As your backlog diminishes, you’ll notice more spring in your step and you’ll be encouraged to keep the process going. At the end of your 10-day period, note your increased energy level.
Note what it feels like to have fewer worries in your mind. Yes, licking toads is briefly unpleasant, but the payback is major.
Tip: You might like to pick easy toads to kick-start some momentum. Or you might want to tackle some tough ones that really drag you down. Or a combo. Do what motivates you most.
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3. Lick your nastiest toad first thing every morning
Handling your nastiest toad every morning is the single most effective way to free up your energy and to end procrastination.
Then notice the difference in how your day unfolds. You will inevitably feel more empowered, more energized and more enthusiastic about the day ahead. You’ve conquered a toad and it’s barely dawn. You are already heroic.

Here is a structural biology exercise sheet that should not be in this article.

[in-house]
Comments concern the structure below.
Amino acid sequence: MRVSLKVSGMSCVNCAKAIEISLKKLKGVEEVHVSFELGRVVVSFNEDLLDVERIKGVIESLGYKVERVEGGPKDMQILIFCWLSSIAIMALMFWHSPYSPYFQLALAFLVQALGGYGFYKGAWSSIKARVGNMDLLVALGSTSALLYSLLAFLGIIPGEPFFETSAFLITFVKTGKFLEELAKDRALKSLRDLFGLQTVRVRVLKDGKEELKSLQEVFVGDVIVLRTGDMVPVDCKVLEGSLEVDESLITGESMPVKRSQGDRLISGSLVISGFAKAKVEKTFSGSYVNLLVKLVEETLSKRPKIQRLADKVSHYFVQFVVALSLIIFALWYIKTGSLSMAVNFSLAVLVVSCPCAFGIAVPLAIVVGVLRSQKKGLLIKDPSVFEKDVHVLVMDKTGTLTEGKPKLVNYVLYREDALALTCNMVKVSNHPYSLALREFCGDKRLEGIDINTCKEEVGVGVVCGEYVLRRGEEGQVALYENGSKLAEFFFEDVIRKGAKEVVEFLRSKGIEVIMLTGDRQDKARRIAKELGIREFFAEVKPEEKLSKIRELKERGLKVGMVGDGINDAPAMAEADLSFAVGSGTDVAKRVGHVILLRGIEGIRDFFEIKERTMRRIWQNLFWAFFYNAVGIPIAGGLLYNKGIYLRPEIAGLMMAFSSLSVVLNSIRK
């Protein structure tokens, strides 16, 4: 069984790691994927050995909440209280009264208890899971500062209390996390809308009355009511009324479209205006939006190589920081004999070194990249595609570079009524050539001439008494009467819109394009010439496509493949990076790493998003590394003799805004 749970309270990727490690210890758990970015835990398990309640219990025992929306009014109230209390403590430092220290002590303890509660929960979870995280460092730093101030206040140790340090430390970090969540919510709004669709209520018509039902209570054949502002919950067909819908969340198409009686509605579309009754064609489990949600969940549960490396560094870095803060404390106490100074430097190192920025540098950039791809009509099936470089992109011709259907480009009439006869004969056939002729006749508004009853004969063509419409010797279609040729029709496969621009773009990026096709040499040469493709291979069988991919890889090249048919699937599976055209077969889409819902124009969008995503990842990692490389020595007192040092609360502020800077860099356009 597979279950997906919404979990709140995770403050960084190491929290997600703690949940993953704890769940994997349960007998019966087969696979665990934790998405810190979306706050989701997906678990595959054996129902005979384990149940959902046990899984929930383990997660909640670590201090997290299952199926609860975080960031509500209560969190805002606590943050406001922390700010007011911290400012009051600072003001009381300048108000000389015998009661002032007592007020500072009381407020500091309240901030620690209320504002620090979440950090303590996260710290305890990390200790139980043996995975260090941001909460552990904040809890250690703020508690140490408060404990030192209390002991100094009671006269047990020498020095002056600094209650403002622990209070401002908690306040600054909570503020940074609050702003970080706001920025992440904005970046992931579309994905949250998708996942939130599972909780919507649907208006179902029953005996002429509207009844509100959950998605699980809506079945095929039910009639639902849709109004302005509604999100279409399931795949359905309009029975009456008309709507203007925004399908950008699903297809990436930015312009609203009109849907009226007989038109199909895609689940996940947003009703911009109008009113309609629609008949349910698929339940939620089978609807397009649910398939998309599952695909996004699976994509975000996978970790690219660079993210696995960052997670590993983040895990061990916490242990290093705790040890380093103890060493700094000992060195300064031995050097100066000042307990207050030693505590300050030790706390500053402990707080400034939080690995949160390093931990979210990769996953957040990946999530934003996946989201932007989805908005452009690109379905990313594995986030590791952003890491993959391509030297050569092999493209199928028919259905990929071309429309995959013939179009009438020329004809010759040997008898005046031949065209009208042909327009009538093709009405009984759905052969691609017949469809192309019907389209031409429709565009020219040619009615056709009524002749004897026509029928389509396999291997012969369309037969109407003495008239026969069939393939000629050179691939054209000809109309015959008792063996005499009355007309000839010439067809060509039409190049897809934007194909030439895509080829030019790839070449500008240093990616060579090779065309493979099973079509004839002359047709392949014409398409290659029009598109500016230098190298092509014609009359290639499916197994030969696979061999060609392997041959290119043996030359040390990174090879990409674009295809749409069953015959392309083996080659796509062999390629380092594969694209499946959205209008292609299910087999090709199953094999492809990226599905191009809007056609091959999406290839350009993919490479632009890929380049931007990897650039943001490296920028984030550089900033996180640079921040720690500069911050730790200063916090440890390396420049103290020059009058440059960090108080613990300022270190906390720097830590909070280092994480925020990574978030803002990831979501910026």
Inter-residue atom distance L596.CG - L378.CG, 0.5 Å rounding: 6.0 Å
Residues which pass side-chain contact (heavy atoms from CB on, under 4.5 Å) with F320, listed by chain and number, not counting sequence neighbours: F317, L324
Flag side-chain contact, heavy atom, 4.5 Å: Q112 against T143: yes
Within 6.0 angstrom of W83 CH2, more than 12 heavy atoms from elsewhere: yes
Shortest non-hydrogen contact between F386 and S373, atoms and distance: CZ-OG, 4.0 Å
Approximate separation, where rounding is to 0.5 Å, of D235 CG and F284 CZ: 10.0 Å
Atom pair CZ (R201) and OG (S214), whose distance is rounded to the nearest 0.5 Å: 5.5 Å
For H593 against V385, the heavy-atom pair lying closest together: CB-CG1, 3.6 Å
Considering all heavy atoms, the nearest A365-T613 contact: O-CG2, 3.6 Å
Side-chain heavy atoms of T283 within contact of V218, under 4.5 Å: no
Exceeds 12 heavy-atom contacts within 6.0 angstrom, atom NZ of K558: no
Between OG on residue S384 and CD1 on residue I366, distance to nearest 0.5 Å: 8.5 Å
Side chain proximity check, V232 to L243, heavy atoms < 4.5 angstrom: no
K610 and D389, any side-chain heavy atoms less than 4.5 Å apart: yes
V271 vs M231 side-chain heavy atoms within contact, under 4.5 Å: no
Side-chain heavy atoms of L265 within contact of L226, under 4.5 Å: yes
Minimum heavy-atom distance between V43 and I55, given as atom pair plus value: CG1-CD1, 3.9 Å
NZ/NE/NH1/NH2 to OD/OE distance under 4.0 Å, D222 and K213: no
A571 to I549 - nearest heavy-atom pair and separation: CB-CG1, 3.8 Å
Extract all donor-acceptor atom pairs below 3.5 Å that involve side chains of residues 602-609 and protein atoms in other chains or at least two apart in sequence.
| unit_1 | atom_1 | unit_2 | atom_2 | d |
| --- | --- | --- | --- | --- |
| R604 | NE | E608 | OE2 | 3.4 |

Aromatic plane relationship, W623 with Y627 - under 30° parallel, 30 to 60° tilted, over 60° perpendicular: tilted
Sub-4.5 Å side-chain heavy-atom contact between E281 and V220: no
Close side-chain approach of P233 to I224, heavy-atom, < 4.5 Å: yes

Also, notice the difference when you don’t muster the fortitude to lick that toad. The stress of it will linger with you throughout your day, pestering you. Distracting you. Dragging you down.
I ask my clients to wake up every day knowing the three most important things they need to get done that day. No. 1 must be licking their biggest toad (the thing they least want to do). I view this as a mastery-level leadership habit.
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4. Employ the Five D’s
There’s more than one way to lick a toad. It’s not always appropriate for you to personally handle it. Sometimes it’s not yours to do at all. Sometimes you know it’ll never happen if it stays in your court.
There are five standard ways to tackle annoyances. For each toad on your list, review the options below and choose the one that makes the most sense for the situation:
• Do it. Bite the bullet immediately.
• Don’t do it. Say “no” to the person who requested it, if it’s simply not yours to do.
• Delegate it. Assign an appropriate person.
• Delete it. Let go of it entirely. Decide it’s not going to happen.